TSUKI MONOGATARI

PrintE-mail Written by Gareth Evens

Tsukimonogatari is the first part of Monogatari's final season. Saying "you should watch an earlier series first" may seem like redundant advice but as Monogatari labels its seasons with titles rather than numbers first time viewers may be unaware that they are watching the final part of a story. If you chose to start with Tsukimonogatari you should still to be able to follow what happens and the questions that the series mulls over are such that anyone can appreciate them.

In Tsukimonogatari series protagonist Koyomi Araragi discovers that he has utilised his ability to temporarily turn into a vampire so many times that the change has become permanent. He isn't quite a vampire yet but vampirism has become the new norm for his body and it is slowly changing to adjust.

The series focuses on his reaction to this news, how he comes to terms with it and what it means for the future.

Tsukimonogatari makes this change its primary focus. The plot and pacing both give Koyomi enough time to discover what is going on to him, to understand why it is happening, and to come to terms with it. First time viewers may not understand the full circumstances that make up the context for what Koyomi is going through but the writing expresses his plight in a way that is universal. The consequences of Koyomi's actions have caught up with him and he spends Tsukimonogatari processing that.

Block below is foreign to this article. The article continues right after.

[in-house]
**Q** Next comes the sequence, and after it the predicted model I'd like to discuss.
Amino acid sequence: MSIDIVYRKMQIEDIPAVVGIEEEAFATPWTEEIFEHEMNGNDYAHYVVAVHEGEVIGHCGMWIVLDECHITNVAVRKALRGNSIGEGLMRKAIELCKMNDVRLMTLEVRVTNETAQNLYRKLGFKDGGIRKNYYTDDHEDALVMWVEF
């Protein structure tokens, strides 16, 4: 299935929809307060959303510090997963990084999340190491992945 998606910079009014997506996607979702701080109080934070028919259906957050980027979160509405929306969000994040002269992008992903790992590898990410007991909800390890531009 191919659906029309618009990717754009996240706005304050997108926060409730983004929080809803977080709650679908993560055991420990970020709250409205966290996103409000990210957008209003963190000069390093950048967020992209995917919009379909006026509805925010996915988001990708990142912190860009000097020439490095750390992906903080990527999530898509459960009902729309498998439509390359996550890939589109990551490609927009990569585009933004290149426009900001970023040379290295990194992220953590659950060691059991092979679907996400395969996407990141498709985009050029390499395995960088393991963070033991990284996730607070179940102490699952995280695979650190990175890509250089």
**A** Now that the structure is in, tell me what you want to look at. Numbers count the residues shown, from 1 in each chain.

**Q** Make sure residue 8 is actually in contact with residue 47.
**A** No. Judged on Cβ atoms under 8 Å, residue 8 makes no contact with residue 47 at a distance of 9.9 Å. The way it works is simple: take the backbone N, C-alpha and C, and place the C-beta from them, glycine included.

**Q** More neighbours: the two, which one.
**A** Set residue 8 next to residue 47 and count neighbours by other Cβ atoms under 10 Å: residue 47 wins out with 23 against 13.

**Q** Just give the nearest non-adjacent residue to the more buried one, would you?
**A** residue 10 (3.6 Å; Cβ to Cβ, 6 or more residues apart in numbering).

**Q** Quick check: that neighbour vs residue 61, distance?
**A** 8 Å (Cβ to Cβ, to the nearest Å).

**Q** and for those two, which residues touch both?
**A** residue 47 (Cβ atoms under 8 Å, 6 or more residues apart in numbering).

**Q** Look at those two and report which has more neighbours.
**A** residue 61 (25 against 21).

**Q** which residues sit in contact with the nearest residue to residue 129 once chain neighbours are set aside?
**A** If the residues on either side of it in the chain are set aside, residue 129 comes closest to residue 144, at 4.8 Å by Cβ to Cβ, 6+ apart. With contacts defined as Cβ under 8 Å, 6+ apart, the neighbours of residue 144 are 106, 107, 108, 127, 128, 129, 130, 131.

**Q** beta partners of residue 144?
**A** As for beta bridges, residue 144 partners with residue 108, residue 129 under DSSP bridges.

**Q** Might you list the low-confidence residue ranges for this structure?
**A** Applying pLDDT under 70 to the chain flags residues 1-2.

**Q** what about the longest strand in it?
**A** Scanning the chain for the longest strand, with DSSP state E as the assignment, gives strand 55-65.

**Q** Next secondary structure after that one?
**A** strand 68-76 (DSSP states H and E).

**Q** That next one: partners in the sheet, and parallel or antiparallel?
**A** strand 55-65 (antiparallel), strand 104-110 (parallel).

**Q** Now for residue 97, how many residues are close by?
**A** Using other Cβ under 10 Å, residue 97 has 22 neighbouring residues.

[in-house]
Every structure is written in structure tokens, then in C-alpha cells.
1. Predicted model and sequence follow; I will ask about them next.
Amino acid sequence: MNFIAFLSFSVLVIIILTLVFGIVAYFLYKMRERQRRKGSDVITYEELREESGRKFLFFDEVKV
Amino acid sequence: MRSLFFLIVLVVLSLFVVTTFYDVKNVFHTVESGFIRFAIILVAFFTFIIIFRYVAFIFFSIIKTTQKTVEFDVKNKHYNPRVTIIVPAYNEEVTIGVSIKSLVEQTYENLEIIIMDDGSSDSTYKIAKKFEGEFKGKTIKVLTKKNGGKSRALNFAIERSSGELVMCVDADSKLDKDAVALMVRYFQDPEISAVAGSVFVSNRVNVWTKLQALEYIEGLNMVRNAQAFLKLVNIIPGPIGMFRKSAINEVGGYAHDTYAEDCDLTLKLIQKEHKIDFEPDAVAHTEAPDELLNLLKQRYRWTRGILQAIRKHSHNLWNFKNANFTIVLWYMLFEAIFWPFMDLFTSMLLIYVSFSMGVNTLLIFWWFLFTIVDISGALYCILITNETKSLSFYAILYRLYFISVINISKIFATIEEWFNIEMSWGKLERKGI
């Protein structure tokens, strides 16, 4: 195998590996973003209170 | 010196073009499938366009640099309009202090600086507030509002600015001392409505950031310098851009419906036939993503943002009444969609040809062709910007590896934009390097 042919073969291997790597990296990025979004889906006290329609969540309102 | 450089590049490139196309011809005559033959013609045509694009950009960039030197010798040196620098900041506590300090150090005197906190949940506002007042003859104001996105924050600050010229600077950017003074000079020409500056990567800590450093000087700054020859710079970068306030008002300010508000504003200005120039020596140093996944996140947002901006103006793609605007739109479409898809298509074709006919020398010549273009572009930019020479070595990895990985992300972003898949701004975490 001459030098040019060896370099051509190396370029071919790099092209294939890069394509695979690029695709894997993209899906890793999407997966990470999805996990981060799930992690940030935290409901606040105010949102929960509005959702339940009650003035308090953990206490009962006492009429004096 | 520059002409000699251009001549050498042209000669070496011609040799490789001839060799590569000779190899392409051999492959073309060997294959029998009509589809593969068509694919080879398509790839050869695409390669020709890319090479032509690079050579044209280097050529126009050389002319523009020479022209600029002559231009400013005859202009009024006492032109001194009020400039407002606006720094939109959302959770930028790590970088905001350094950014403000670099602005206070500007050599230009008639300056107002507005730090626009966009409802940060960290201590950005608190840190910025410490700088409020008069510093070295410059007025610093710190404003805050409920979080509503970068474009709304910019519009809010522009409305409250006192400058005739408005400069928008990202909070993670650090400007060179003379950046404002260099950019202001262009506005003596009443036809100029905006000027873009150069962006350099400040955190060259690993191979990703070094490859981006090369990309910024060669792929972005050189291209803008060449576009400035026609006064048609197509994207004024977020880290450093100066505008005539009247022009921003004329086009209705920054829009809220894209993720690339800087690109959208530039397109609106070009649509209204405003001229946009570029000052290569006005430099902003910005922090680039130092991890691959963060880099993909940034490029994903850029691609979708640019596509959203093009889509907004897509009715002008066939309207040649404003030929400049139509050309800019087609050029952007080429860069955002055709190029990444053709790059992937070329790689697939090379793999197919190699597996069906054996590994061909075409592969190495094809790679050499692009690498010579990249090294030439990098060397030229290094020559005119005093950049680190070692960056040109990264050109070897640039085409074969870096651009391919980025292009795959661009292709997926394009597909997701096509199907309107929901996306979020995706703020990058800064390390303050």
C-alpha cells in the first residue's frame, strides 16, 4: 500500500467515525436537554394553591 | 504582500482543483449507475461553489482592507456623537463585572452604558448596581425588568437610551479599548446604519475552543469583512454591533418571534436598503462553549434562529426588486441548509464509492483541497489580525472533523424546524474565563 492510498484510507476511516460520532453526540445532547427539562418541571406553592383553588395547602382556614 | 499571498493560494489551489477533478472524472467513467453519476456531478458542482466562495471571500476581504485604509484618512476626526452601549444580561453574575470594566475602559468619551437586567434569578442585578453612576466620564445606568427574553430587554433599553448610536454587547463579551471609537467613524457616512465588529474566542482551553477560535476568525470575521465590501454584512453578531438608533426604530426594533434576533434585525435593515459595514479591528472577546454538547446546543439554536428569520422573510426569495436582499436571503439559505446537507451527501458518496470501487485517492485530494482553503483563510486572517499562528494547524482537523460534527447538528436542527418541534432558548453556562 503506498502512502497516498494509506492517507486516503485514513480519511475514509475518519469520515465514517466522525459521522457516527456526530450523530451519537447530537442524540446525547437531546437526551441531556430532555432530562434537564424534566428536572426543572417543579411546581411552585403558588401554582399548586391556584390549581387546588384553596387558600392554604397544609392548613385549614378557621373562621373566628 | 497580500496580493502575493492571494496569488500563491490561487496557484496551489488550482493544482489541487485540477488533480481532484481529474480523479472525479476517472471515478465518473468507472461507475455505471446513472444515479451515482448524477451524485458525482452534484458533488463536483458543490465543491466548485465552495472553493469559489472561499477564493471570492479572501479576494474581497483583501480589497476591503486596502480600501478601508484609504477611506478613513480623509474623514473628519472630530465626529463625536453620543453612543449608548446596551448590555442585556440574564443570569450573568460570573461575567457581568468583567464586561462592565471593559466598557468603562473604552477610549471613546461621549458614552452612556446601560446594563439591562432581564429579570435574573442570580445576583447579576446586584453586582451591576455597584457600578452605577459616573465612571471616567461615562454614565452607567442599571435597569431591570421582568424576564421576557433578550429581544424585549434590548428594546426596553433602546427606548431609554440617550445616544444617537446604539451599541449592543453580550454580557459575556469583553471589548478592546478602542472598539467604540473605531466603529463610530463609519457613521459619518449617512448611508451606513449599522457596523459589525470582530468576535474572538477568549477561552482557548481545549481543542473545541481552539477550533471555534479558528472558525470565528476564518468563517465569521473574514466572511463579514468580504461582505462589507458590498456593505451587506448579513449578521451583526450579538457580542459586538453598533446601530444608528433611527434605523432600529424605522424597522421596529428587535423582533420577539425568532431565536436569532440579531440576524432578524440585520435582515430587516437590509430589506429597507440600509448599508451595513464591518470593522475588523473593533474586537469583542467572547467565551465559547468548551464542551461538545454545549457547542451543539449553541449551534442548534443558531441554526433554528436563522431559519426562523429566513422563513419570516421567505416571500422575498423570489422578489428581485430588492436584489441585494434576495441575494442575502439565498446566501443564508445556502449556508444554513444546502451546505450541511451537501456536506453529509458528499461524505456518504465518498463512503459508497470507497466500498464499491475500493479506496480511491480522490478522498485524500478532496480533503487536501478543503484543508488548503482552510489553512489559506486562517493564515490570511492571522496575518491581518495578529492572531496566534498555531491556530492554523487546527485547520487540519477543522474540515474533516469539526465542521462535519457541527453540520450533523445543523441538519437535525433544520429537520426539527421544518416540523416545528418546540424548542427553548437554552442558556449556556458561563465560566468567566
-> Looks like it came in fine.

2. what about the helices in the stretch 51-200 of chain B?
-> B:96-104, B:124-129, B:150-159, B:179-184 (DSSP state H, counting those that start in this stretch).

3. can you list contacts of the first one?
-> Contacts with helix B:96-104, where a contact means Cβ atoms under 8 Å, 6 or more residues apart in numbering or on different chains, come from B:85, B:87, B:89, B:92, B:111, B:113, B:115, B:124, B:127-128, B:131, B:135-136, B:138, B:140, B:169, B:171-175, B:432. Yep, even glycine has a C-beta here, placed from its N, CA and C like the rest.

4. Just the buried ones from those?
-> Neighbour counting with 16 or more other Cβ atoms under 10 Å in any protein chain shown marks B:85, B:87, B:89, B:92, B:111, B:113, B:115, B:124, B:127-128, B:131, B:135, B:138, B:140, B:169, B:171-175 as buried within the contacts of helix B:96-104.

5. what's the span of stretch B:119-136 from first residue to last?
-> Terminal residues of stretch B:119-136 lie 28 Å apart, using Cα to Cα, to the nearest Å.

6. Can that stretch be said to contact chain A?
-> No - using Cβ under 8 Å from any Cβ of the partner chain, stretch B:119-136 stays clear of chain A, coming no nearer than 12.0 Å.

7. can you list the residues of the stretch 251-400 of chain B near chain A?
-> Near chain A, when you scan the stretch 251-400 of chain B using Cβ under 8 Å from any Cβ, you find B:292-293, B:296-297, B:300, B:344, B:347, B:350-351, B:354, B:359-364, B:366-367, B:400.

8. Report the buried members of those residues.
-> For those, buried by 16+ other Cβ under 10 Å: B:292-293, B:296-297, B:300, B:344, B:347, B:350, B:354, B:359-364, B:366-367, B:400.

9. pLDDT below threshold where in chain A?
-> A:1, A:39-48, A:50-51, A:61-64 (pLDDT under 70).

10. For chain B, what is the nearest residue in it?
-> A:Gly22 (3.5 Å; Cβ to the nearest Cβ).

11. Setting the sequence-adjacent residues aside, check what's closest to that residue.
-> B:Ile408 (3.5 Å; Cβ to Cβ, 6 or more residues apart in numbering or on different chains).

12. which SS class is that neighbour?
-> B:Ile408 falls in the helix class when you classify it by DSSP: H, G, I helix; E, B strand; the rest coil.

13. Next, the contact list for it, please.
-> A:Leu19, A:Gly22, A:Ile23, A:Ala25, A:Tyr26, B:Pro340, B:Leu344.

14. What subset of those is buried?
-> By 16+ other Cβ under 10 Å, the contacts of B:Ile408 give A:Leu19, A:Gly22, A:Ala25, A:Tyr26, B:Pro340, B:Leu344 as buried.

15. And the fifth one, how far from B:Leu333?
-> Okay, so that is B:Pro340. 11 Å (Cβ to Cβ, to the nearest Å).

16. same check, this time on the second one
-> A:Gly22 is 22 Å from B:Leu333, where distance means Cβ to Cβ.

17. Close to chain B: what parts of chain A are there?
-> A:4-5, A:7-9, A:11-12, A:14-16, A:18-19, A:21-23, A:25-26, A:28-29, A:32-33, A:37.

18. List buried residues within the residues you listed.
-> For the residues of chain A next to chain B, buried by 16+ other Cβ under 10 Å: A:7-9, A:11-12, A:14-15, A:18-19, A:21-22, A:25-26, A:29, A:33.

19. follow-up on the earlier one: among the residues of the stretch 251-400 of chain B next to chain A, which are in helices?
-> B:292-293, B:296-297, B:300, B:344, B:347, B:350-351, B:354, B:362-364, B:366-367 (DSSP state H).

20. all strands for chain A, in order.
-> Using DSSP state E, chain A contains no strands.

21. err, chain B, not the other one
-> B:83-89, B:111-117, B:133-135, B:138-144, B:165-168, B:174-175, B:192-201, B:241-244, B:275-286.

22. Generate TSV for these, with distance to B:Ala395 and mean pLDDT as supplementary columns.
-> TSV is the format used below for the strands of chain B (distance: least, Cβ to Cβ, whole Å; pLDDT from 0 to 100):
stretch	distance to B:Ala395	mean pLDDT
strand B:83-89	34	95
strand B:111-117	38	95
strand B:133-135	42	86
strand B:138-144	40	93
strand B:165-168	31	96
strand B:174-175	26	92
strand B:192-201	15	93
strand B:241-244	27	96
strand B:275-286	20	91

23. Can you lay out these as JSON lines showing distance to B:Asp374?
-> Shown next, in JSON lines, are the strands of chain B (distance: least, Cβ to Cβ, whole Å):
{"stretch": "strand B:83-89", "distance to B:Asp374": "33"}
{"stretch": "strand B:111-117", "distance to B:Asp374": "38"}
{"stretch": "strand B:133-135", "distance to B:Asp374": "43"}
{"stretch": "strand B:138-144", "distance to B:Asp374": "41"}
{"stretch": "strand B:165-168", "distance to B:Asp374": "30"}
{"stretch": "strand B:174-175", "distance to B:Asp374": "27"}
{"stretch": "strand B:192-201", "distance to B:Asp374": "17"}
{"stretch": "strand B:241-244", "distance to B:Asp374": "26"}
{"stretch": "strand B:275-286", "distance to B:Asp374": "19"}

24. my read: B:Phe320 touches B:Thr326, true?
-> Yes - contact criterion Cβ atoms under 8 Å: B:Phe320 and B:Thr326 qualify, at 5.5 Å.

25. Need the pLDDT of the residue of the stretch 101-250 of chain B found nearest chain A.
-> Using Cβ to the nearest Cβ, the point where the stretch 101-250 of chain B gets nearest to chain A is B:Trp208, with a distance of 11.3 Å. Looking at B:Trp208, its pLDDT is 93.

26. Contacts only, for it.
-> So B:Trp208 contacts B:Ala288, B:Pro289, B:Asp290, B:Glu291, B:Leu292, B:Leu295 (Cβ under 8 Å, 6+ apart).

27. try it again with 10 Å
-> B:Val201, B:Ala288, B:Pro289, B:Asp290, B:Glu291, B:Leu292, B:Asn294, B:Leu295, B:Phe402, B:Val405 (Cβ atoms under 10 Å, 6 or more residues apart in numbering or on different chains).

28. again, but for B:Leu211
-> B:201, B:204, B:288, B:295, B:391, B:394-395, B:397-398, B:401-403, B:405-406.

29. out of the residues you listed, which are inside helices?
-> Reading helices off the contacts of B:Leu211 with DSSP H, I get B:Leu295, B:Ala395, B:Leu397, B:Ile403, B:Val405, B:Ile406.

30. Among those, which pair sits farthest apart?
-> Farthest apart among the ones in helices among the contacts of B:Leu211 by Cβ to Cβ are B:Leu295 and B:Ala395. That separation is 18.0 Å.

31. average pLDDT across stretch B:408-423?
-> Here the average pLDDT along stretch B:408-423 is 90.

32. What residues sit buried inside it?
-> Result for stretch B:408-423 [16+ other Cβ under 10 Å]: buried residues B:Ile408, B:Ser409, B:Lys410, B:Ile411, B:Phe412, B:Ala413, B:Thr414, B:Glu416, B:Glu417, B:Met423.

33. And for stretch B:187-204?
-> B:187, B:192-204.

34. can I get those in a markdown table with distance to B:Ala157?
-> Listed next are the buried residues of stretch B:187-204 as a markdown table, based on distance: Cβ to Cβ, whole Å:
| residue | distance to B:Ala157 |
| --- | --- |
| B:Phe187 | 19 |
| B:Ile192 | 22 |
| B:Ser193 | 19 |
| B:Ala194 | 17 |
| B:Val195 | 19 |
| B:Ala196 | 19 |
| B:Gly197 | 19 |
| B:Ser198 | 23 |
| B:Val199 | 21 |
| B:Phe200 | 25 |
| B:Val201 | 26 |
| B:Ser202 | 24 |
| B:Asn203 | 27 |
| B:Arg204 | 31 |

The time that Tsukimonogatari spends on contemplation is not always a strength however. There is a lot of talking and each conversation is played out in full. At its best this means that ideas are given the space they deserve, at its worst it means that dialogue can get very, very repetitive. A good example of this coming from when Koyomi discovers that he is a vampire. He does so by noticing that he fails to cast a reflection on a mirror in his bathroom. Rather than merely say "I have no reflection" or something similar he somehow manages to spout over three lines on how he does not have a reflection. This tendency towards being verbose is occasionally shared by the other characters, almost to the point where it feels like we are being treated to a philosophy lecture.

Thankfully such sections are not indicative of the whole experience. Tsukimonogatari is the sort of series that is great for long time fans of a show. It reflects on what has come before and is something of a breather before what is to come. Despite its placement in Monogatari the themes and plot points are accessible enough for newer viewers and will hopefully encourage them to check out earlier seasons of Monogatari. It is a thoughtful anime and worth watching.

TSUKIMONOGATARI / CERT: 15 / DIRECTORS: AKIYUKI SHINBO, TOMOYUKI ITAMURA / SCREENWRITERS: KIZAWA YUKITO, NAKAMOTO MUNEMASA/ STARRING: KAMIYA HIROSHI, HAYAMI SAORI, SAITO CHIWA, SAKAMOTO MAAYA
 


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